The Looking Glass
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The Looking Glass

The Looking Glass

To the women of Israel.

by Aviva Kashuk

I bought one of those little magnifying mirrors some months ago. It was one of the most frightening experiences of my life.

I had no idea what my face really looked like. There were holes, red splotches, little lines and crevices in places on my face that I had no idea existed. I didn't know what to do about it.

My family and I had recently moved back to the United States after living in Israel for nine years. I never noticed these types of things in Israel. Somehow, facial lines, faded clothes and worn shoes fit into the fabric of life in the Holy Land. Here in the States, those same things glared liked red sirens.

Once I moved back here I realized that the clothes on our lift -- the "good ones worth keeping" -- were not good, or worth keeping.

They matched the lines on my face, which I now thought weren't good or worth keeping either.

Here in my corner of America, I have noticed spas or salons on pretty much every commercial block in a 20-mile radius. I haven't been in one yet, but they beckon me with each peek into that dreadful mirror. I overheard my 10 and 12 year-old daughters discussing with their new classmates how many times they had their nails "done." My kids had a big lead for last place.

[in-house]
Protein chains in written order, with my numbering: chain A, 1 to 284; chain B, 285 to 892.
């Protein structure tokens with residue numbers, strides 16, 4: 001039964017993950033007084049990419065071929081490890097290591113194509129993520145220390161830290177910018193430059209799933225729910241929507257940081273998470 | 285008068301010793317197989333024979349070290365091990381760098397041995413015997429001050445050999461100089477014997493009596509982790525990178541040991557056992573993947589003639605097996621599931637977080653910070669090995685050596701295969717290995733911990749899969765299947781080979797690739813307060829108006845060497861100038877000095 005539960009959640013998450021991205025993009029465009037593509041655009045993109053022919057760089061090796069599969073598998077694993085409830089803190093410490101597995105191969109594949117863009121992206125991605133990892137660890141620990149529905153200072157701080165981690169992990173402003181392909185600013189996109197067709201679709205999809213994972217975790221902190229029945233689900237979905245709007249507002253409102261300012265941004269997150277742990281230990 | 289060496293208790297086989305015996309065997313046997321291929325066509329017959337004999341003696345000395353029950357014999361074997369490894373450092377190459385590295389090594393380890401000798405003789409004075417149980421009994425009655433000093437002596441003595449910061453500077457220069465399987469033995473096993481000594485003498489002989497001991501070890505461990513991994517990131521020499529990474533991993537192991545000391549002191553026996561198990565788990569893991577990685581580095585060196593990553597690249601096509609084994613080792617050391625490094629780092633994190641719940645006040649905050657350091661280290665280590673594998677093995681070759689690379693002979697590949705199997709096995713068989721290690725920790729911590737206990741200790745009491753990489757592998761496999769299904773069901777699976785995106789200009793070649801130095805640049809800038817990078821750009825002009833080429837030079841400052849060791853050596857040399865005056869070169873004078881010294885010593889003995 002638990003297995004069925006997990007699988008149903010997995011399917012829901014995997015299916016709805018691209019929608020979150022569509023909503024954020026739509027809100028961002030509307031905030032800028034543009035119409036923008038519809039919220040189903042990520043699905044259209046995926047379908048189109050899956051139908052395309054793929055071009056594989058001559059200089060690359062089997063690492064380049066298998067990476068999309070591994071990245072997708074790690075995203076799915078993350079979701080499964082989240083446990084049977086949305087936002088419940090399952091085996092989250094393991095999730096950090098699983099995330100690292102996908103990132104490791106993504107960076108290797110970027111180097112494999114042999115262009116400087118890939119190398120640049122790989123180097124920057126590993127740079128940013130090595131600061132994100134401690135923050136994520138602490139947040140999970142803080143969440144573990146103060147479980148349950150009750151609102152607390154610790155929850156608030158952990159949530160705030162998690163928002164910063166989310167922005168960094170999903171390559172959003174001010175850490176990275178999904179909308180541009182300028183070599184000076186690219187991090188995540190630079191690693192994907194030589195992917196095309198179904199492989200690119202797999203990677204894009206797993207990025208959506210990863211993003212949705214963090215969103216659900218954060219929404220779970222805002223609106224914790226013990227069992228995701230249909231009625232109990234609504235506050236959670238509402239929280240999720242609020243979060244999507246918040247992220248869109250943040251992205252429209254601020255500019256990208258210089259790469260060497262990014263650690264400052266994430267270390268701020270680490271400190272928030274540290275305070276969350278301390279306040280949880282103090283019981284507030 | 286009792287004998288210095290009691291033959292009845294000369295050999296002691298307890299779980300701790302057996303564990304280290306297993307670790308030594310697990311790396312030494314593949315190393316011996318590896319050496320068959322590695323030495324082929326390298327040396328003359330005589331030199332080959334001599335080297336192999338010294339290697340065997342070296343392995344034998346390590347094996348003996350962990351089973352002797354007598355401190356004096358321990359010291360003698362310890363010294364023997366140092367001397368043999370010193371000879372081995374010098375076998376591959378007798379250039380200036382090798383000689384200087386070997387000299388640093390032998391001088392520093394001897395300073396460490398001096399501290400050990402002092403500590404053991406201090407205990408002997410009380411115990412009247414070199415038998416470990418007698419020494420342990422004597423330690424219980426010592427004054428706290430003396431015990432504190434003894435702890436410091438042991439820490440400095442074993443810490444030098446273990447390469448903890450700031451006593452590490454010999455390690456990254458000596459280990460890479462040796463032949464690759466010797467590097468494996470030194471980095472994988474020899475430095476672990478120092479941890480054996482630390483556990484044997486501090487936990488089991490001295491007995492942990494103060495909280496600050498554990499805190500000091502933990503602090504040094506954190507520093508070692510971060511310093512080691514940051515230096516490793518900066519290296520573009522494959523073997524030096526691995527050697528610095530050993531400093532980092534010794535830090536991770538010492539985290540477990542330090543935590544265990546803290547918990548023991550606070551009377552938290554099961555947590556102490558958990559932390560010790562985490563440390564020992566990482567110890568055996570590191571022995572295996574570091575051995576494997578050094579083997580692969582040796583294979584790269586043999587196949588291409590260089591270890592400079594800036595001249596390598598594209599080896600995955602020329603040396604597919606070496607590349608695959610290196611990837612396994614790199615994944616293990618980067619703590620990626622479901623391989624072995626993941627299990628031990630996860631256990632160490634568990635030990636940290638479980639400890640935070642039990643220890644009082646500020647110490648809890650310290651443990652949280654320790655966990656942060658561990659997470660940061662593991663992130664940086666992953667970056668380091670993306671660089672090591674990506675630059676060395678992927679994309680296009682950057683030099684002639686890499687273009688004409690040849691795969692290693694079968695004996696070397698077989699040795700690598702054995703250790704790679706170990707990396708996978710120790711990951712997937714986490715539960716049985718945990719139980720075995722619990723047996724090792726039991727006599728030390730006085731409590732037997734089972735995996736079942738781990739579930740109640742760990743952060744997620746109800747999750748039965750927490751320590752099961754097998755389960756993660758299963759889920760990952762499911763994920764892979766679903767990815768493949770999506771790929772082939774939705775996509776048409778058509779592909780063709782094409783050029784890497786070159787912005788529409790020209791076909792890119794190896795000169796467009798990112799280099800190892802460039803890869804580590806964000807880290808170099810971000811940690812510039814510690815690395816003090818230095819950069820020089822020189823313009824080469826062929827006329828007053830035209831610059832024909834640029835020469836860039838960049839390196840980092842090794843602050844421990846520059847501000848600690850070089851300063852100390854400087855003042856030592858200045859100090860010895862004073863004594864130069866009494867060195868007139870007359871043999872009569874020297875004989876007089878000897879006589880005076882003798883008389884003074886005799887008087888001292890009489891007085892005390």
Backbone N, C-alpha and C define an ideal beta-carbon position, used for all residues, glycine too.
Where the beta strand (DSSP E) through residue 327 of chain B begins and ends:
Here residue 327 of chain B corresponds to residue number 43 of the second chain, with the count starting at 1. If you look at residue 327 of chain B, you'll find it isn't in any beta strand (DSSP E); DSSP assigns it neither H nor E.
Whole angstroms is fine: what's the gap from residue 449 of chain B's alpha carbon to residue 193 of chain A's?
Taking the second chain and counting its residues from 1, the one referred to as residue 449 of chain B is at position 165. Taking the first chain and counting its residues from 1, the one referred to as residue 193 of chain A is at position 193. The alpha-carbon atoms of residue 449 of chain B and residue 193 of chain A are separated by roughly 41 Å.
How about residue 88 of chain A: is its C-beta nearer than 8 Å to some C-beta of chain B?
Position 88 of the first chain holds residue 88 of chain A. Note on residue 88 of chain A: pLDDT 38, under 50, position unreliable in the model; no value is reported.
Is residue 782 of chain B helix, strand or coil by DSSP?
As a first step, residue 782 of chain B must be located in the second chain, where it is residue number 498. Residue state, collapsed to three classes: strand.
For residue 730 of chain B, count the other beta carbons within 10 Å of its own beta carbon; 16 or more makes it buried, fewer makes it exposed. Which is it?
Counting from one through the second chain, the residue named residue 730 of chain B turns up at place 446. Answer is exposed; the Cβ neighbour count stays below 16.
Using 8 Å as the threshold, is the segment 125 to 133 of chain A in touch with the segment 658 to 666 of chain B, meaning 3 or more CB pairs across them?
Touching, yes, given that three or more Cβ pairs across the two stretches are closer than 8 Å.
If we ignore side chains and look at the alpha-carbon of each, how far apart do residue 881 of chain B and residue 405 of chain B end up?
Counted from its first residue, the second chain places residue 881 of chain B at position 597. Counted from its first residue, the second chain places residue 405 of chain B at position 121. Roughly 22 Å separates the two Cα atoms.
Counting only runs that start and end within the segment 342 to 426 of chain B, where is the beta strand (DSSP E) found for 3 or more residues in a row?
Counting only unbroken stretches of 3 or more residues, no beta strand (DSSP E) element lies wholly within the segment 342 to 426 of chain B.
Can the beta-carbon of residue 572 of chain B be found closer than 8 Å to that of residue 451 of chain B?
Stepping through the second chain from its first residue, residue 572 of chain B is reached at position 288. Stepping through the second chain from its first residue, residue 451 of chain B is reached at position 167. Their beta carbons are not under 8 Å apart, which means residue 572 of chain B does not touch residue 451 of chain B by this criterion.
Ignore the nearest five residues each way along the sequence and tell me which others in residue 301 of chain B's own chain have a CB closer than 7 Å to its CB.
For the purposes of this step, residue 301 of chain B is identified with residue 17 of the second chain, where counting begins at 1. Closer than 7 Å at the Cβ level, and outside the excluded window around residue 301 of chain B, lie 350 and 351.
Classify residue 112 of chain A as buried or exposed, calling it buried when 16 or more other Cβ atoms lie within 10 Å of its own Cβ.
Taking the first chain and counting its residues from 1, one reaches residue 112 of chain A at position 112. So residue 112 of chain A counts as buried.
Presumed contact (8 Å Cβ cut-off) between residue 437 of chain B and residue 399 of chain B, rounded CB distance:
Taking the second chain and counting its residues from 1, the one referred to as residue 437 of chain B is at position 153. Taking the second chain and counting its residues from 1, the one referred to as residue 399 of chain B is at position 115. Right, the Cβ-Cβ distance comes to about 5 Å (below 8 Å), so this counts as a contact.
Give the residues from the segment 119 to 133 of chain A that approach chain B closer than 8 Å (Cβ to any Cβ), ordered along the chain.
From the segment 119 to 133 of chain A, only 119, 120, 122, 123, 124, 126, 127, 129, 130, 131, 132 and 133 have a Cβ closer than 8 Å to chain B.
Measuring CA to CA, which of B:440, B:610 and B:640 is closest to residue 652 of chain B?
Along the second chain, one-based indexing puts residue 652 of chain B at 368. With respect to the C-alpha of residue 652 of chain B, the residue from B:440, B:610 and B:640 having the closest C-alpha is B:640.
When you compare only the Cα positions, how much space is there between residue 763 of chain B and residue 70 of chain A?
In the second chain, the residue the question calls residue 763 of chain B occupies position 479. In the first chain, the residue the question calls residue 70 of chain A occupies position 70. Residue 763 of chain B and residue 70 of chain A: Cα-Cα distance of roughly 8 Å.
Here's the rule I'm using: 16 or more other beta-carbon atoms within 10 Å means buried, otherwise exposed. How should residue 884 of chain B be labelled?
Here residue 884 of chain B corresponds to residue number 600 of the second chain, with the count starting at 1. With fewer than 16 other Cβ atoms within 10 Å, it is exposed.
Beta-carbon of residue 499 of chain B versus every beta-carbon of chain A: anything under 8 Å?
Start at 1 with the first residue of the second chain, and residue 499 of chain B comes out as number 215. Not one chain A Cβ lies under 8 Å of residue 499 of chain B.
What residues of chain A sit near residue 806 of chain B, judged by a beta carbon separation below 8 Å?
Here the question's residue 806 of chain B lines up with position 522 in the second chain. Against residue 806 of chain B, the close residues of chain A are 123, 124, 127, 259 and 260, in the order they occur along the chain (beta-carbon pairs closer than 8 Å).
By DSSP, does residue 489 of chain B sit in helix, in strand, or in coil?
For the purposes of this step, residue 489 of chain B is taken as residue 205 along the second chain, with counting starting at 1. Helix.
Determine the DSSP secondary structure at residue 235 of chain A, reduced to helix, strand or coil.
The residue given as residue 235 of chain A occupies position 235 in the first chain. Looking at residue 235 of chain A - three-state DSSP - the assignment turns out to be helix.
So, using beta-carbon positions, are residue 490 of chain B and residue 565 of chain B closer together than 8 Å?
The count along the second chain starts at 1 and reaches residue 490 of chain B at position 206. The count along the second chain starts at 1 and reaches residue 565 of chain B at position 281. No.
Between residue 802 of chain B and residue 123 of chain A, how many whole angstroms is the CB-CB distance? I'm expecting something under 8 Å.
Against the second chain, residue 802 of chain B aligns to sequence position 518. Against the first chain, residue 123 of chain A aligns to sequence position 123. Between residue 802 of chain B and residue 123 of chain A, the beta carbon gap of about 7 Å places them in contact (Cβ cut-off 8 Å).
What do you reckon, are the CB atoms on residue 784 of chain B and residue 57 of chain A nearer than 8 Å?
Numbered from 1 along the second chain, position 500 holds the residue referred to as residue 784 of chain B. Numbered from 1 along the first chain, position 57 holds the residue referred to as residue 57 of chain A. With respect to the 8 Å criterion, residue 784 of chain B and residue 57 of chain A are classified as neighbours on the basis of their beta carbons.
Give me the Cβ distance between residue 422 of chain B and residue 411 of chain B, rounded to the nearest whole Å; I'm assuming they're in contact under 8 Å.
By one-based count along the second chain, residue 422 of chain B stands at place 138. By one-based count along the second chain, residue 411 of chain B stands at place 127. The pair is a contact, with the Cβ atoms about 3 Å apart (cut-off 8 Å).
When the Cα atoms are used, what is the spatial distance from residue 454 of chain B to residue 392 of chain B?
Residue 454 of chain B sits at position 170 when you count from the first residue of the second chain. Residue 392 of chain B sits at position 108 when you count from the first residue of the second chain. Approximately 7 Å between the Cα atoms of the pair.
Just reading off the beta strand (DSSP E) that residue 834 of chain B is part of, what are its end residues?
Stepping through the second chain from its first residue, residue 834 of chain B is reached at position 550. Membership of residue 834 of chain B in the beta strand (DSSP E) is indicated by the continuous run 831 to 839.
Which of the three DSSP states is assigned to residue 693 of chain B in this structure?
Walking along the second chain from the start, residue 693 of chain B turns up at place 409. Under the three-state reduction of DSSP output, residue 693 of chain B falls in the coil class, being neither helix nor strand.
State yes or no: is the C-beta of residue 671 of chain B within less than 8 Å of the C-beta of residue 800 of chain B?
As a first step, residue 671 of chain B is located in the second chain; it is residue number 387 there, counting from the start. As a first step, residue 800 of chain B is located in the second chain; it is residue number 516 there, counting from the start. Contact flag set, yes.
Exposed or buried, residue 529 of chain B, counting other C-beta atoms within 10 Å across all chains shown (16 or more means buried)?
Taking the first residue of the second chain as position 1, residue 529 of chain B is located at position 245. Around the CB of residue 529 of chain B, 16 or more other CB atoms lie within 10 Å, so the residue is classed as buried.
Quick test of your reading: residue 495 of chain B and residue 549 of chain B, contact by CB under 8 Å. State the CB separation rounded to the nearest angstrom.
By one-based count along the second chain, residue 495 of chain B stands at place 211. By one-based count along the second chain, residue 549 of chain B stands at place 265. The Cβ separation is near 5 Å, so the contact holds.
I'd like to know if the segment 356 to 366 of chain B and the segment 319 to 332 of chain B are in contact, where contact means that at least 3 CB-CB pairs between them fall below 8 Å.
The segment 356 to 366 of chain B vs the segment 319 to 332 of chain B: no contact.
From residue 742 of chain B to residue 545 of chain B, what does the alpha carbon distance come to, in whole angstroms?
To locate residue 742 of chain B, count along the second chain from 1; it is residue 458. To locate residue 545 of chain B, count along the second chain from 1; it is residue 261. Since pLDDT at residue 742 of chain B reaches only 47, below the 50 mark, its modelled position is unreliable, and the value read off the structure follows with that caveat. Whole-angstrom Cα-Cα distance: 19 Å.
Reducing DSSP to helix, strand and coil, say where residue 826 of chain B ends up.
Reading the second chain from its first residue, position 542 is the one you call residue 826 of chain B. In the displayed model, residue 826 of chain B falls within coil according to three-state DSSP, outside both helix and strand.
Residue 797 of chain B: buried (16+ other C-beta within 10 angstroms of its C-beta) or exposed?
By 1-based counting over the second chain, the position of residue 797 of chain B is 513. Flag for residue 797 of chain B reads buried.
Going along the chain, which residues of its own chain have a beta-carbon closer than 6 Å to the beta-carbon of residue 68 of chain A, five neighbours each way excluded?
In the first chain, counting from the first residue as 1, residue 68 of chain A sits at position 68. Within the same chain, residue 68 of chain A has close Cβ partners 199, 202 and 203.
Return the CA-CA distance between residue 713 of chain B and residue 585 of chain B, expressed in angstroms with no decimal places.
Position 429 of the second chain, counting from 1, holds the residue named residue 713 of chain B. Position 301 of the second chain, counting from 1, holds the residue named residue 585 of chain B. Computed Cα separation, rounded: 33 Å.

I started thinking about some of the women I left behind in Israel and the lines on their faces. Did they notice?

The woman who has 14 children and makes it to the Western Wall every morning at sunrise, no matter the weather, to cry out for the sake of the Jewish people.

The grandmother who swam across Lake Kinneret to raise money for autistic children.

The woman who opens her home for thousands of soldiers to thank them and give them honor.

The women who lived in a tent near the Tomb of Rachel with their children to insure that the Israeli Government would protect it.

The women of Gush Etzion who produced extraordinary musicals to heighten the spirits of women suffering from the destruction of bombings.

The women who have taken in families from Gush Katif, providing shelter, food and comfort, in already crowded homes.

These are not women who frequent spas. These women are too busy "earning their stripes."

These are the women who live in Israel, raise their families in Israel, and deal with all that the Land and the politics dole out to them. These are the women who by virtue of living in Israel, "hold our place in line" for the time when we choose to visit, or make aliya.

These women have no fear of that dreadful mirror. The lines on their faces represent lines of love, giving, caring, sharing, struggle, sacrifice, and commitment to the Jewish people, and the One Above.

To the women of Israel, we thank you.

 

Published: June 9, 2007


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Visitor Comments: 56

(56) Riki, May 24, 2008 5:02 PM

Dear Aviva
thank you very much for your article.
It is very true and makes certain points.
I think that that is one of the problems in the U.S.
the terrific pull in many places is the gashmeus-which is why, sadly every day we lose over two thousand jewish souls to the gashmeus there, where as in israel we lose much less
thank you again for the points you raised
AND THANK YOU to all of those truely dedicated women of ISRAEL and women everywere that truely care about torah and ruchnius and the Jewish nation!